IPEF at the Crossroads

Public Citizen News / May-June 2022

By Karolina Mackiewicz

This article appeared in the May/June 2022 edition of Public Citizen News. Download the full edition here.

U.S. Trade Representative (USTR) Katherine Tai has stated repeatedly that the Biden administration’s vision for trade will not repeat the past mistakes of prioritizing large business interests above all else, but will serve workers, consumers, and the environment. This is a welcome change after decades of U.S. trade policies that have offshored jobs to countries with exploitative labor conditions, encouraged polluting industries, and constrained domestic consumer policies.

In October 2021, President Biden introduced the Indo-Pacific Economic Framework or IPEF. Little is known about IPEF as of now, including which countries will be participating in the framework.

It could be an opportunity to realize a new, lasting vision for trade that deserves broad support. However, the notion of an IPEF did not come from consumer advocacy organizations, environmental groups, or organized labor. And one thing we do know about IPEF is that mega corporations are hoping to use it to solidify their power.

Big Tech’s “Digital Trade” Power Grab

At a recent Senate Finance hearing, U.S. Sen. Elizabeth Warren (D-Mass.) warned Tai that “lobbyists for the giant corporations are celebrating IPEF as the second coming of the [Trans-Pacific Partnership] TPP… Tech companies like Facebook and Amazon… are involved in spreading misinformation, mistreating workers, and squashing competition. They also hire hordes of lobbyists to protect their way of doing business.”

An initial review of public comments submitted by the Chamber of Commerce, PhRMA, and other corporate interests justifies Warren’s concern. Industry lobbyists are pushing for IPEF to emulate the TPP, a proposed pact that never earned majority support in Congress because it would have offshored jobs to countries that use forced and child labor, locked in high medicine prices, and threatened public interest safeguards.

In particular, the so-called “digital trade” proposals Big Tech is pushing are not focused on remedying actual problems related to the online sale of imported goods, such as tariff evasion and product safety. Instead, tech companies hope to use IPEF to lock in binding international rules that limit governments from regulating online platforms and from fighting corporate concentration and monopoly power. They seek to undermine domestic policy space on important issues like gig economy worker protections, discrimination and algorithm transparency, competition policy and anti-trust, corporate liability, and consumer privacy.

Trade for People and the Planet

In comments submitted to the USTR, Public Citizen described the vision needed for IPEF to succeed in terms of policy and politics. Key components include a transparent and participatory negotiating process; strong labor and environmental standards based on key international agreements; and digital rules that prioritize workers’ rights and privacy over corporate interests.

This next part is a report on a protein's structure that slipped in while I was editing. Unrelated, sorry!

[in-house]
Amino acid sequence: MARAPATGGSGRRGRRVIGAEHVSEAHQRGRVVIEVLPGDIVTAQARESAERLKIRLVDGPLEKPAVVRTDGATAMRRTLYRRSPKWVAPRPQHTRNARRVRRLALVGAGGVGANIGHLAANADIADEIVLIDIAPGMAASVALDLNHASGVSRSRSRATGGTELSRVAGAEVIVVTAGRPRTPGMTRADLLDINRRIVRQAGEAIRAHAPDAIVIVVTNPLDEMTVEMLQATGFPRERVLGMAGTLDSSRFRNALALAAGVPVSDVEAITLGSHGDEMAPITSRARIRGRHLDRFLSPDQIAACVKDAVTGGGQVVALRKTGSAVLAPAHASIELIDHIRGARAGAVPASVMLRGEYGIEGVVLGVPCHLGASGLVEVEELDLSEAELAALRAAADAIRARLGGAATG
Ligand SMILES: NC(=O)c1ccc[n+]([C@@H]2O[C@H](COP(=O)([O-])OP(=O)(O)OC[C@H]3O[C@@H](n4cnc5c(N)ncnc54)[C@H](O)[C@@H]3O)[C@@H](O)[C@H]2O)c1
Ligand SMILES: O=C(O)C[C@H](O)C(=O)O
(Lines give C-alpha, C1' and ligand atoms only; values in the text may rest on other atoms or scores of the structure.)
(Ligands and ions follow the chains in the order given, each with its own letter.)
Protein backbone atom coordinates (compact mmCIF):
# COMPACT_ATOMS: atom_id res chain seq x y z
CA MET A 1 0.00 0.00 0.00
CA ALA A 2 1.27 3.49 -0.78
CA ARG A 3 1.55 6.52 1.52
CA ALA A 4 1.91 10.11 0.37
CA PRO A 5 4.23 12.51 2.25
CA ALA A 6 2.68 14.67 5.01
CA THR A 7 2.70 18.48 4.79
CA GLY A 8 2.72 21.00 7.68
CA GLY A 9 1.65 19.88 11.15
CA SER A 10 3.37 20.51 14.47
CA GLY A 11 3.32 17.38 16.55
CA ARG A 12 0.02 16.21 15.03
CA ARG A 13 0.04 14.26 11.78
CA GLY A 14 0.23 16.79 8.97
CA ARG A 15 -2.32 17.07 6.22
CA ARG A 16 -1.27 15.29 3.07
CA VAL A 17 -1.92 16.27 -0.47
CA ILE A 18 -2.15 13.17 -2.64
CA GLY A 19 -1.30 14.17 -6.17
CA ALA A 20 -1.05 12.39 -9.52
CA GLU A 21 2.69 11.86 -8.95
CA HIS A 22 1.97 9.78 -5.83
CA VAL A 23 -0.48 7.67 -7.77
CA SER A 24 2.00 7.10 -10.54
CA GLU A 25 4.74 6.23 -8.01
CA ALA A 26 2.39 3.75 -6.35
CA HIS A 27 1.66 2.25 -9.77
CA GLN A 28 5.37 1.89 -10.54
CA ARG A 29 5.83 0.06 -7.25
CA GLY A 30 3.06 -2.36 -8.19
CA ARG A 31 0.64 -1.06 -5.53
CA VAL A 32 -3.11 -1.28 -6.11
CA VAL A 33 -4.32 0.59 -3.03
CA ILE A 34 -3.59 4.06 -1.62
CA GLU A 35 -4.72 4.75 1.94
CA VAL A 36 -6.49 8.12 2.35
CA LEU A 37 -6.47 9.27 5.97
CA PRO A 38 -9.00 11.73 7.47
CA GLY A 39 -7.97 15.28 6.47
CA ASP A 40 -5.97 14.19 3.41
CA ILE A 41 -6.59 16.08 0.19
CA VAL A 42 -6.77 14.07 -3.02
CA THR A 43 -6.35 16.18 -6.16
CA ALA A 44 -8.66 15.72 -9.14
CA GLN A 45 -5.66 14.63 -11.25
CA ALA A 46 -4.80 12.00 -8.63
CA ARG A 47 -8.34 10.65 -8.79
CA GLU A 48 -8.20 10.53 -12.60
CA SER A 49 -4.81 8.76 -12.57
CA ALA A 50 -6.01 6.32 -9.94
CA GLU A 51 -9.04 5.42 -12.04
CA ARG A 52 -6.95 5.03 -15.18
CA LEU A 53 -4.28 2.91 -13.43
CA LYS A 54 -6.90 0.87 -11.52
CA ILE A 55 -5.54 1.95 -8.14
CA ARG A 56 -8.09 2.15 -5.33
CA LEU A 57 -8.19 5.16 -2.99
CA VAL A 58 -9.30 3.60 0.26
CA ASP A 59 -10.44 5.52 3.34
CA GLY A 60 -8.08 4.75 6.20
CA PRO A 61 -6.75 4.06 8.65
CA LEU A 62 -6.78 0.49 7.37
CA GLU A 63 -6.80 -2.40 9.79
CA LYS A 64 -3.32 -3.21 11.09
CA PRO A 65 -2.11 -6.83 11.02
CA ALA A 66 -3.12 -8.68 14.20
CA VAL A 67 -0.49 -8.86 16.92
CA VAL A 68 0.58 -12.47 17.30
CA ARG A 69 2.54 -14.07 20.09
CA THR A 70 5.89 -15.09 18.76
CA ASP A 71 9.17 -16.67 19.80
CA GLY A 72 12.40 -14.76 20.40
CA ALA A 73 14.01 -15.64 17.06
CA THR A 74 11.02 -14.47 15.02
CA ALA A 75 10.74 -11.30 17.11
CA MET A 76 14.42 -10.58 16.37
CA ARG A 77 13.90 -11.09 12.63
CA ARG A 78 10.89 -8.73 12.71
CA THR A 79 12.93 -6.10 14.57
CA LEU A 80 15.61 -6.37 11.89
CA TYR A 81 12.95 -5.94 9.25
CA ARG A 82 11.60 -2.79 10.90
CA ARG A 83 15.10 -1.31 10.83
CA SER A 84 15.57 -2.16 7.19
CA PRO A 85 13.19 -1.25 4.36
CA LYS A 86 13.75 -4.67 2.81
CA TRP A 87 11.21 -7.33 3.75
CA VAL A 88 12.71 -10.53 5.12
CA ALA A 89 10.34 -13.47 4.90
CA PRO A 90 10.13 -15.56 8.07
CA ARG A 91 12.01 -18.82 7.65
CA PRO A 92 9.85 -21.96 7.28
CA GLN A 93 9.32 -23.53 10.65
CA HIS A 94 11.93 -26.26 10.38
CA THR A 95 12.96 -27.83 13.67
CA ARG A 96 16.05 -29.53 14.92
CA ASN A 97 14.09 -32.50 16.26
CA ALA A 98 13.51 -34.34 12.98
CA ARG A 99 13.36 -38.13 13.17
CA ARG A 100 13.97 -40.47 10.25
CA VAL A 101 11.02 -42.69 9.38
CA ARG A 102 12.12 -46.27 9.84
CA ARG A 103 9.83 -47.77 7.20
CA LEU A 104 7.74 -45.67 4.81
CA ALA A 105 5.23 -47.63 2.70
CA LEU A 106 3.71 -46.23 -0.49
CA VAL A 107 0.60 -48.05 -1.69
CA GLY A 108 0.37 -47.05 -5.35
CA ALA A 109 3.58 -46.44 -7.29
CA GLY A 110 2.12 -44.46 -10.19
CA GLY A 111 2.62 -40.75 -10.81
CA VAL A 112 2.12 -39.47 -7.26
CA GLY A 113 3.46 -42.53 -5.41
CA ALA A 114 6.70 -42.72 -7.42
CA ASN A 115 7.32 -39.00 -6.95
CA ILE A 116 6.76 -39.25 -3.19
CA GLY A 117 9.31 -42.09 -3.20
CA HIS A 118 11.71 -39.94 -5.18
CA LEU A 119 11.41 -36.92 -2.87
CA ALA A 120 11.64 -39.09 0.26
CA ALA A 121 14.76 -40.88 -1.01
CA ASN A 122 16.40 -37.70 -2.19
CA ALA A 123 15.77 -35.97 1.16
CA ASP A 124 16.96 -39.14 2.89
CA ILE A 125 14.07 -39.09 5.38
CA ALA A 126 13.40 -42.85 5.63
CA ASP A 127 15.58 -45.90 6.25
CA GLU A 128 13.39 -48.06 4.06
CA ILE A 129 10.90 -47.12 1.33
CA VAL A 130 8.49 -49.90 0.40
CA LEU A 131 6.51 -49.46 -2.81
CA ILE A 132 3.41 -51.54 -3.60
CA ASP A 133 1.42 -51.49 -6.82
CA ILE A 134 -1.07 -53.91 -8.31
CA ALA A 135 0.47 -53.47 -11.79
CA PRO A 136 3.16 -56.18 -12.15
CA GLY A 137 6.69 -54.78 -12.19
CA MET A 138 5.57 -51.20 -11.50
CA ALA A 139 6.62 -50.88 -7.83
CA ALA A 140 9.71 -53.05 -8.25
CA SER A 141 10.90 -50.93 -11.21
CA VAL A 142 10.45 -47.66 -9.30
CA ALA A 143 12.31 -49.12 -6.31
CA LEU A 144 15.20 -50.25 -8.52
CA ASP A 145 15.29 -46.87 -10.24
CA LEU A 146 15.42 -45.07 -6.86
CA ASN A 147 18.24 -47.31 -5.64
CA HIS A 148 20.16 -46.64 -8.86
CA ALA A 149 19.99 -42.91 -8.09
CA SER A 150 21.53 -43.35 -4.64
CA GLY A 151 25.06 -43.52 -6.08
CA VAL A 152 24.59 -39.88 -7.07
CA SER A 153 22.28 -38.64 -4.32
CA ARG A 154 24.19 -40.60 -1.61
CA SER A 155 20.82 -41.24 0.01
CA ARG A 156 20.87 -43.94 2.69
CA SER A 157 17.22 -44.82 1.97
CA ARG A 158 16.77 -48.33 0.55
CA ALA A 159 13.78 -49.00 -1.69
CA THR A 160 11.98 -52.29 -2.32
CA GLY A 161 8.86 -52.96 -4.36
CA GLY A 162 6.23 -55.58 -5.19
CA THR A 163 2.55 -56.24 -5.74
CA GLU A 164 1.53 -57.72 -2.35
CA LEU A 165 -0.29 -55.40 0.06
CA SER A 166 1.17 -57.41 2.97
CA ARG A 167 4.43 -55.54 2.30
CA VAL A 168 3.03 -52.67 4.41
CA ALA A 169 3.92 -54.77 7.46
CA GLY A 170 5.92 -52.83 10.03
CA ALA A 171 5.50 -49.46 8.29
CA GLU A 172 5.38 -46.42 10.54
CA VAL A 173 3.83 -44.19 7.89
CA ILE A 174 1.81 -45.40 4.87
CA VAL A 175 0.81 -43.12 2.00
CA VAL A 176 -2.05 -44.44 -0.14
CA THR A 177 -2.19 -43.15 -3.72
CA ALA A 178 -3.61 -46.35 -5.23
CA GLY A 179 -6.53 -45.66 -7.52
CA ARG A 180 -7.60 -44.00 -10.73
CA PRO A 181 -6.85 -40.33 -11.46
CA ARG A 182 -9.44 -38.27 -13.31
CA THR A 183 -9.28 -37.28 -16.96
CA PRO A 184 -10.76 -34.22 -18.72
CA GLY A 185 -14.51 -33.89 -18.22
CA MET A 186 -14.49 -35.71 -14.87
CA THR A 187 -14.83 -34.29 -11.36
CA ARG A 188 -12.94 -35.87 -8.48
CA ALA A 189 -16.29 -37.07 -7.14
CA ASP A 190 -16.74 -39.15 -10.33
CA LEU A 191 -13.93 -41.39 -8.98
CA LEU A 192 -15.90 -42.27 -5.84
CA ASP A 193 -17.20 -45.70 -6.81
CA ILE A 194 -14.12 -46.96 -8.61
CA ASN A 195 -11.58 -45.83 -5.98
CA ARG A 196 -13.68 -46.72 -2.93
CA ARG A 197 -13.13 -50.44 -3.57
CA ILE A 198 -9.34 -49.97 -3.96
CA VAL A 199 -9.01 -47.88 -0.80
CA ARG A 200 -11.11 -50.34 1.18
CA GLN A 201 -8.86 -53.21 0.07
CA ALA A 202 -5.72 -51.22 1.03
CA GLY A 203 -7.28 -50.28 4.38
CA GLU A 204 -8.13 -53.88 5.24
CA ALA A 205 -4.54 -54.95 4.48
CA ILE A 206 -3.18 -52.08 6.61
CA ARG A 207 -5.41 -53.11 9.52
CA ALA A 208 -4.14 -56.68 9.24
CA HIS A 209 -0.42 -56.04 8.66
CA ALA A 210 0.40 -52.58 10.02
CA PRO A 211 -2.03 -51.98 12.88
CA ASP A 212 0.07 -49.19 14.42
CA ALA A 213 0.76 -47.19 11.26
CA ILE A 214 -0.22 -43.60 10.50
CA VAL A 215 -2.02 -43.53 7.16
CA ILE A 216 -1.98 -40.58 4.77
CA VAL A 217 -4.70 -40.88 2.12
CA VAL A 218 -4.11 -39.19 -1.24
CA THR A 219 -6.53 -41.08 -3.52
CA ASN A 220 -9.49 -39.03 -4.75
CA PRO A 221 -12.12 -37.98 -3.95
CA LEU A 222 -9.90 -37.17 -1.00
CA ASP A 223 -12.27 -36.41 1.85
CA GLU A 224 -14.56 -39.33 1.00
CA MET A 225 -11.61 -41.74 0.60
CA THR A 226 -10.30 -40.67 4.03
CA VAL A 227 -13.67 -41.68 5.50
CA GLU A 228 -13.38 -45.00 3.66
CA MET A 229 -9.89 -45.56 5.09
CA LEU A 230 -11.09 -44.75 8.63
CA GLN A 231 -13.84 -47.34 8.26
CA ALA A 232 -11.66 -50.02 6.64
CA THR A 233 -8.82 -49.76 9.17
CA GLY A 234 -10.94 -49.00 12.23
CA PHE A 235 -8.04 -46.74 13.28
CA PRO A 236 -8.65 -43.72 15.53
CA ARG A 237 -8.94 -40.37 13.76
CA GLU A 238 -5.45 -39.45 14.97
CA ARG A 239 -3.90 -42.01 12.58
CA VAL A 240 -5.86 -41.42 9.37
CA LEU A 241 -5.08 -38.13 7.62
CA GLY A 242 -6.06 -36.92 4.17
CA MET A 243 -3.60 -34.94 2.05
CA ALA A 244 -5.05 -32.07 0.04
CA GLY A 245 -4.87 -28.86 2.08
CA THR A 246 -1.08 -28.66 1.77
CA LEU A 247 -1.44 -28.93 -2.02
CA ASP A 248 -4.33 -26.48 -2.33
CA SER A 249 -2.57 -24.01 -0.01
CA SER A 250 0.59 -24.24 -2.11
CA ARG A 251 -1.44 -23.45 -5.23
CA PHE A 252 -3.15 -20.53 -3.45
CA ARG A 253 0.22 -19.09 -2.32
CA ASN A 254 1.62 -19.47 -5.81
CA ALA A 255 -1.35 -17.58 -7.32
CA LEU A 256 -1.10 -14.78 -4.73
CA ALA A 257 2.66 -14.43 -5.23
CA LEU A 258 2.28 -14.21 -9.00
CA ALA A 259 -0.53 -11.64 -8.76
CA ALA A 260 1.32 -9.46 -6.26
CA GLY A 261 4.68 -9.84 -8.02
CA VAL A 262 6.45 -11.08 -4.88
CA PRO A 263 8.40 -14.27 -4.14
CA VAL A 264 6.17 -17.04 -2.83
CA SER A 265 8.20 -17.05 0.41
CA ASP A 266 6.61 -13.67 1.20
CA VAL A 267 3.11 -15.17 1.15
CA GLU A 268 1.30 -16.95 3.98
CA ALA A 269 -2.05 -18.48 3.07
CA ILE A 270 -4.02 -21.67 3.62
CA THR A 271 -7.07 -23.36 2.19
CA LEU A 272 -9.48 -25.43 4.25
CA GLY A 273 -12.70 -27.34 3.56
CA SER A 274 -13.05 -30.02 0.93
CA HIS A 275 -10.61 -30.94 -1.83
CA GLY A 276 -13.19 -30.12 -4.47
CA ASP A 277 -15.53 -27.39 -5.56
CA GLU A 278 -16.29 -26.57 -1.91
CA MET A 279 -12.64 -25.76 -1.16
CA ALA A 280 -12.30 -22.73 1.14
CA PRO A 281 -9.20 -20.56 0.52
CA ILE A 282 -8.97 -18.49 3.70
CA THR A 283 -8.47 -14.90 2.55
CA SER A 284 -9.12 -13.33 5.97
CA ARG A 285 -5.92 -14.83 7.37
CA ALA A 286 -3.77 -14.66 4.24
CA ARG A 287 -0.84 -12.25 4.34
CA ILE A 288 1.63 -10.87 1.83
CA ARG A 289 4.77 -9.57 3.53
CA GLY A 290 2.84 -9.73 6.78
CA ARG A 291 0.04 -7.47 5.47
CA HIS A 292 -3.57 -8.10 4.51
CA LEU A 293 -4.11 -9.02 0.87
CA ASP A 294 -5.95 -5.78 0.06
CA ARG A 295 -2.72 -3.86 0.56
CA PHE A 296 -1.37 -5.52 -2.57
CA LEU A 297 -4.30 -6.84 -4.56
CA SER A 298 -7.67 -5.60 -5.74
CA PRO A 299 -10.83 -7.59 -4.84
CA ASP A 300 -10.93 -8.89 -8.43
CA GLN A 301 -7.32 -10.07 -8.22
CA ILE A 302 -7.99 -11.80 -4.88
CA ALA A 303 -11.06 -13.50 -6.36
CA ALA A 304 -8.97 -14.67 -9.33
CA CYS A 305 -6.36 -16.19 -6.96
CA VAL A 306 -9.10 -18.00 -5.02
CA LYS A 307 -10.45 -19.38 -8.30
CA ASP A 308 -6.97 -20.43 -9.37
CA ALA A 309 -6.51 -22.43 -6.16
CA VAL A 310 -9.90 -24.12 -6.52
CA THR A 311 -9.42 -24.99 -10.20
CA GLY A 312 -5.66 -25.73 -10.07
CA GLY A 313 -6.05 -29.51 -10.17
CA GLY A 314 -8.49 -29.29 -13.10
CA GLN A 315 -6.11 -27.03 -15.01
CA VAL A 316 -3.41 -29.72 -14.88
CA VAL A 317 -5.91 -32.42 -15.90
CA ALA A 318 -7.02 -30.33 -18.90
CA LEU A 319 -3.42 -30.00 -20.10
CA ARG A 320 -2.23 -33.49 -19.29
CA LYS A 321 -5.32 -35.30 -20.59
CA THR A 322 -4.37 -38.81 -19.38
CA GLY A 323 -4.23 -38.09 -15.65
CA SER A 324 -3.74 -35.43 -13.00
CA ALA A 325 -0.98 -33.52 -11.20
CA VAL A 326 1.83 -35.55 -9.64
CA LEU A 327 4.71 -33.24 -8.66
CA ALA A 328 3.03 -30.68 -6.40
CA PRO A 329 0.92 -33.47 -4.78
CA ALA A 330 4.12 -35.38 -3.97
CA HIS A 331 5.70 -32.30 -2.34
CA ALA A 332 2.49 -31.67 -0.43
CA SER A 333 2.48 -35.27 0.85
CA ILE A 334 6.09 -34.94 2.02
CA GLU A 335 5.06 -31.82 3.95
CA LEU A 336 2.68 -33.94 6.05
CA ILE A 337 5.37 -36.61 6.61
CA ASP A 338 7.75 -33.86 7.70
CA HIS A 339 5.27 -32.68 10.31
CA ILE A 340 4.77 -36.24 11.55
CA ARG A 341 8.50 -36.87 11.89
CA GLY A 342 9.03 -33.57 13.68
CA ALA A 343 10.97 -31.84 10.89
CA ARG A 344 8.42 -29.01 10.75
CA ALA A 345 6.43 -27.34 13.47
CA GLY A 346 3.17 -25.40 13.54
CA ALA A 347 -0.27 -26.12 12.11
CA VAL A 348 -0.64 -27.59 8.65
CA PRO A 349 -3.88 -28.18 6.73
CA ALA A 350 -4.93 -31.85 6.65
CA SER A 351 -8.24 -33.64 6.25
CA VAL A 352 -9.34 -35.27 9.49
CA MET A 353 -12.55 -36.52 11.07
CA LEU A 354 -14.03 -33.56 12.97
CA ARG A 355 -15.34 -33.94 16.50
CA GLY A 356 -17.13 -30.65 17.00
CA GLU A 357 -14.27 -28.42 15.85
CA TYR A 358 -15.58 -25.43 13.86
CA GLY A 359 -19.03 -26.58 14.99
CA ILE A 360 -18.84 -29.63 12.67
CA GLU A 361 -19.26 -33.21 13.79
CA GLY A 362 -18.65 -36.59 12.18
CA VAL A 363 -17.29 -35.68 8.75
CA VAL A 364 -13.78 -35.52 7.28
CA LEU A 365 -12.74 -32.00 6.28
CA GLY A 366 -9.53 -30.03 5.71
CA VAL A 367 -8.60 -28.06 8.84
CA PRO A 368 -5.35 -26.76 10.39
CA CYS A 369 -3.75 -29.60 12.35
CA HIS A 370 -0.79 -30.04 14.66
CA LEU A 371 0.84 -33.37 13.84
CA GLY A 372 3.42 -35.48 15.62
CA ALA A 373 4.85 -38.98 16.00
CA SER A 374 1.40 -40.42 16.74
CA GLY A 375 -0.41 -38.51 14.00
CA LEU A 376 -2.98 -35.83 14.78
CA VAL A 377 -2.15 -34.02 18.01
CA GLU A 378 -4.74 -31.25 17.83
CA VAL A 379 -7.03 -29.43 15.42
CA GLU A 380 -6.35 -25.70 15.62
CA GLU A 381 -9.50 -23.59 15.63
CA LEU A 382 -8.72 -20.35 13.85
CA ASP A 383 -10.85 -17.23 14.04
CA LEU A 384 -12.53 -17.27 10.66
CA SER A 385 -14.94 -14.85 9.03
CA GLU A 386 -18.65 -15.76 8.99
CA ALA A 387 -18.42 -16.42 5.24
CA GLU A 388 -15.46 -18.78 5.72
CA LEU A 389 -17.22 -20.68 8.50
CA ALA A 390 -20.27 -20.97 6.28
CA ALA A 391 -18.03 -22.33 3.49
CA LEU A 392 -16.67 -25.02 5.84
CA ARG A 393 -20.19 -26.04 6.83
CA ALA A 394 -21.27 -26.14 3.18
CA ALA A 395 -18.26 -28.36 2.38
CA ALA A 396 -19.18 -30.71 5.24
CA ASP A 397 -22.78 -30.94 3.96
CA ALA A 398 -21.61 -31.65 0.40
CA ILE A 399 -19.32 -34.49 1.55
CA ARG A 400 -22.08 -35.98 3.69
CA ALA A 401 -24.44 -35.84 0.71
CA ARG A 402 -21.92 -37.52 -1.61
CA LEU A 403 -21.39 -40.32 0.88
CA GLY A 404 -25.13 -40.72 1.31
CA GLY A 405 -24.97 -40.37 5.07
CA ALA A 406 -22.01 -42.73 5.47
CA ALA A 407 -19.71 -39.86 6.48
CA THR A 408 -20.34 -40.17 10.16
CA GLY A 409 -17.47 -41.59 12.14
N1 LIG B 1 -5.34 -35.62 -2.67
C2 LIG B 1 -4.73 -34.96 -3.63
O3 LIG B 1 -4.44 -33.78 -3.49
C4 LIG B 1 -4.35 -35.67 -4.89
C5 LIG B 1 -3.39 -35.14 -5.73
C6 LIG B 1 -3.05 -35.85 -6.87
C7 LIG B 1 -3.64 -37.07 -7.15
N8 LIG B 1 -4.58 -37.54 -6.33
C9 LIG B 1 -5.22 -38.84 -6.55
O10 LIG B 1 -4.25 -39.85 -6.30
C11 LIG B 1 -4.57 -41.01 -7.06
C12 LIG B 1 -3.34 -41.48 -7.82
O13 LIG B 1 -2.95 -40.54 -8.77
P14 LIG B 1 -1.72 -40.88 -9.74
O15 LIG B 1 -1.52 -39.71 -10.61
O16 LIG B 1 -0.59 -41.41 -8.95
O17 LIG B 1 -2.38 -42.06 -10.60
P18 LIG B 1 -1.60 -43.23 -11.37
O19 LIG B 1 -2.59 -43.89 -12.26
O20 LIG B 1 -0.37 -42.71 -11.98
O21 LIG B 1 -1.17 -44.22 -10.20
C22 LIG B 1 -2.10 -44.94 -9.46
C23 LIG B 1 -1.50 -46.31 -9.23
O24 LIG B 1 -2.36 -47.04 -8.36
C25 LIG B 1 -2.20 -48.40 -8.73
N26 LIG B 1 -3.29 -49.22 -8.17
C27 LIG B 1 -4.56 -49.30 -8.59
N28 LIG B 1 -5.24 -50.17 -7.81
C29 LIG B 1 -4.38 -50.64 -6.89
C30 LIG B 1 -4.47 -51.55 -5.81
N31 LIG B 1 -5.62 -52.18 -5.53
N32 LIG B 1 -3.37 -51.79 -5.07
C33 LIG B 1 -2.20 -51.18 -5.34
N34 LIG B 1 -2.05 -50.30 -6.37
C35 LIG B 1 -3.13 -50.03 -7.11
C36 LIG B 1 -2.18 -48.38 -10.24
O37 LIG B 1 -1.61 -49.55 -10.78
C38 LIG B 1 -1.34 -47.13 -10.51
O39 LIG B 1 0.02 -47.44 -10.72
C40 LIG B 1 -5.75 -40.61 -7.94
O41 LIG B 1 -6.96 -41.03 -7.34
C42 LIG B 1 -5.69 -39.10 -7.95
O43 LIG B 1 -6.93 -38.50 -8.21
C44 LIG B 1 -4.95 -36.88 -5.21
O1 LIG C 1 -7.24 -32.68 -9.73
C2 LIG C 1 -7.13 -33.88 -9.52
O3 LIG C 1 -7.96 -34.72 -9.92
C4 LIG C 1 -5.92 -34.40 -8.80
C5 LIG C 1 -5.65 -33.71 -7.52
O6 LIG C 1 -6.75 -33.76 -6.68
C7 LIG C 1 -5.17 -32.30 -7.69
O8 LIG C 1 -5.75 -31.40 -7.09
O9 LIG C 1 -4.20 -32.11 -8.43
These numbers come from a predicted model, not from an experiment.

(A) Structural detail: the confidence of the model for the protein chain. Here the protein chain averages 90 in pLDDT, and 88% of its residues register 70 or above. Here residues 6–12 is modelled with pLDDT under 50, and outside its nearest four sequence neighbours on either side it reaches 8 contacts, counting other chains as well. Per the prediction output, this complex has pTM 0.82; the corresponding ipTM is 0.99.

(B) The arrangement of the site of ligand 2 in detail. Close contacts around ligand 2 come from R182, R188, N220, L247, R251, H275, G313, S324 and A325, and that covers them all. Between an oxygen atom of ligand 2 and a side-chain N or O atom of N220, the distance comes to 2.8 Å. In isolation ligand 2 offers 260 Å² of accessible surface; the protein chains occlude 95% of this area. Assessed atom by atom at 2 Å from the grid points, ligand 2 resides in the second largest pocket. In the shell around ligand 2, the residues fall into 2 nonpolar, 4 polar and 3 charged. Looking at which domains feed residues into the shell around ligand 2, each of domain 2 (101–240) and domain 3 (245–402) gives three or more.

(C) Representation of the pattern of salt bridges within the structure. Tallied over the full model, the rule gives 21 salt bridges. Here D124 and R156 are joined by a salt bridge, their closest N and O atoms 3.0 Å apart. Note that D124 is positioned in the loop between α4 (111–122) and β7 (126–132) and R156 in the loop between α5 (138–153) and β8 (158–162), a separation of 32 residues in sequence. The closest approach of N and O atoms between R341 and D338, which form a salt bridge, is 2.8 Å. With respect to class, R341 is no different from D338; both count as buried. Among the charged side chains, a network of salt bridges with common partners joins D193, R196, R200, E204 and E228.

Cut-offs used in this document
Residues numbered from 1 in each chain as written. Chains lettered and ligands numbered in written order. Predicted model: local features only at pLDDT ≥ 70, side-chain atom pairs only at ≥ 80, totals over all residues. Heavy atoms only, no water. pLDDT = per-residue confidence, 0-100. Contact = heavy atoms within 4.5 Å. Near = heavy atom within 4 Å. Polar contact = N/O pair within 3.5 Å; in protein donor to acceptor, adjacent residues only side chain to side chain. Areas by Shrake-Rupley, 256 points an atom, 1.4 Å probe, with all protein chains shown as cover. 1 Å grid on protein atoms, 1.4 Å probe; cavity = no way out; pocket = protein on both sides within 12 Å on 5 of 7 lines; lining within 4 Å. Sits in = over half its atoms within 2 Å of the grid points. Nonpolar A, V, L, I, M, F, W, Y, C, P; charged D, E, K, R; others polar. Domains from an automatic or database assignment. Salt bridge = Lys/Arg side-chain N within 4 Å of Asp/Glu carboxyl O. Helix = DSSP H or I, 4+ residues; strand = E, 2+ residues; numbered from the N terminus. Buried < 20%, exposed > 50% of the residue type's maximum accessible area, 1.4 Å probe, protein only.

Whether this vision will be shared by all administration officials involved in IPEF remains to be seen. Ambassador Tai, who will lead one of IPEF’s four pillars, often speaks of a new type of trade policy that uplifts workers across borders and tackles climate change head-on. However, the other three pillars of IPEF will be led by Commerce Secretary Gina Raimondo, a former venture capitalist and “free trade” fanatic.

Warren and U.S. Sen. Robert Casey (D-Pa.) recently sent to each of the administration leads joint letters that reflect this internal division. Their letter to Tai voiced support for her goal of “worker-centric” trade, while the letter to Secretary Raimondo was much more critical of her enthusiasm for “traditional free trade agreements [which] have been terrible for workers, consumers, and the environment.”

On May 12, the United States will be hosting a meeting of the Association of Southeast Asian Nations (ASEAN), a political and economic union of ten countries in the region. This may be an opportunity for the administration to announce some or all of the countries that will be part of IPEF negotiations. The countries involved will give more information about the scope of the agreement and issues to be included.

Public Citizen will closely monitor the negotiations and ensure the public is apprised of how terms of a potential IPEF will affect people’s jobs, health and safety, and the environment. We will fight fiercely to realize our new vision for trade, and to avoid IPEF replicating past failed trade-pact models that have benefited large commercial interests to the detriment of most.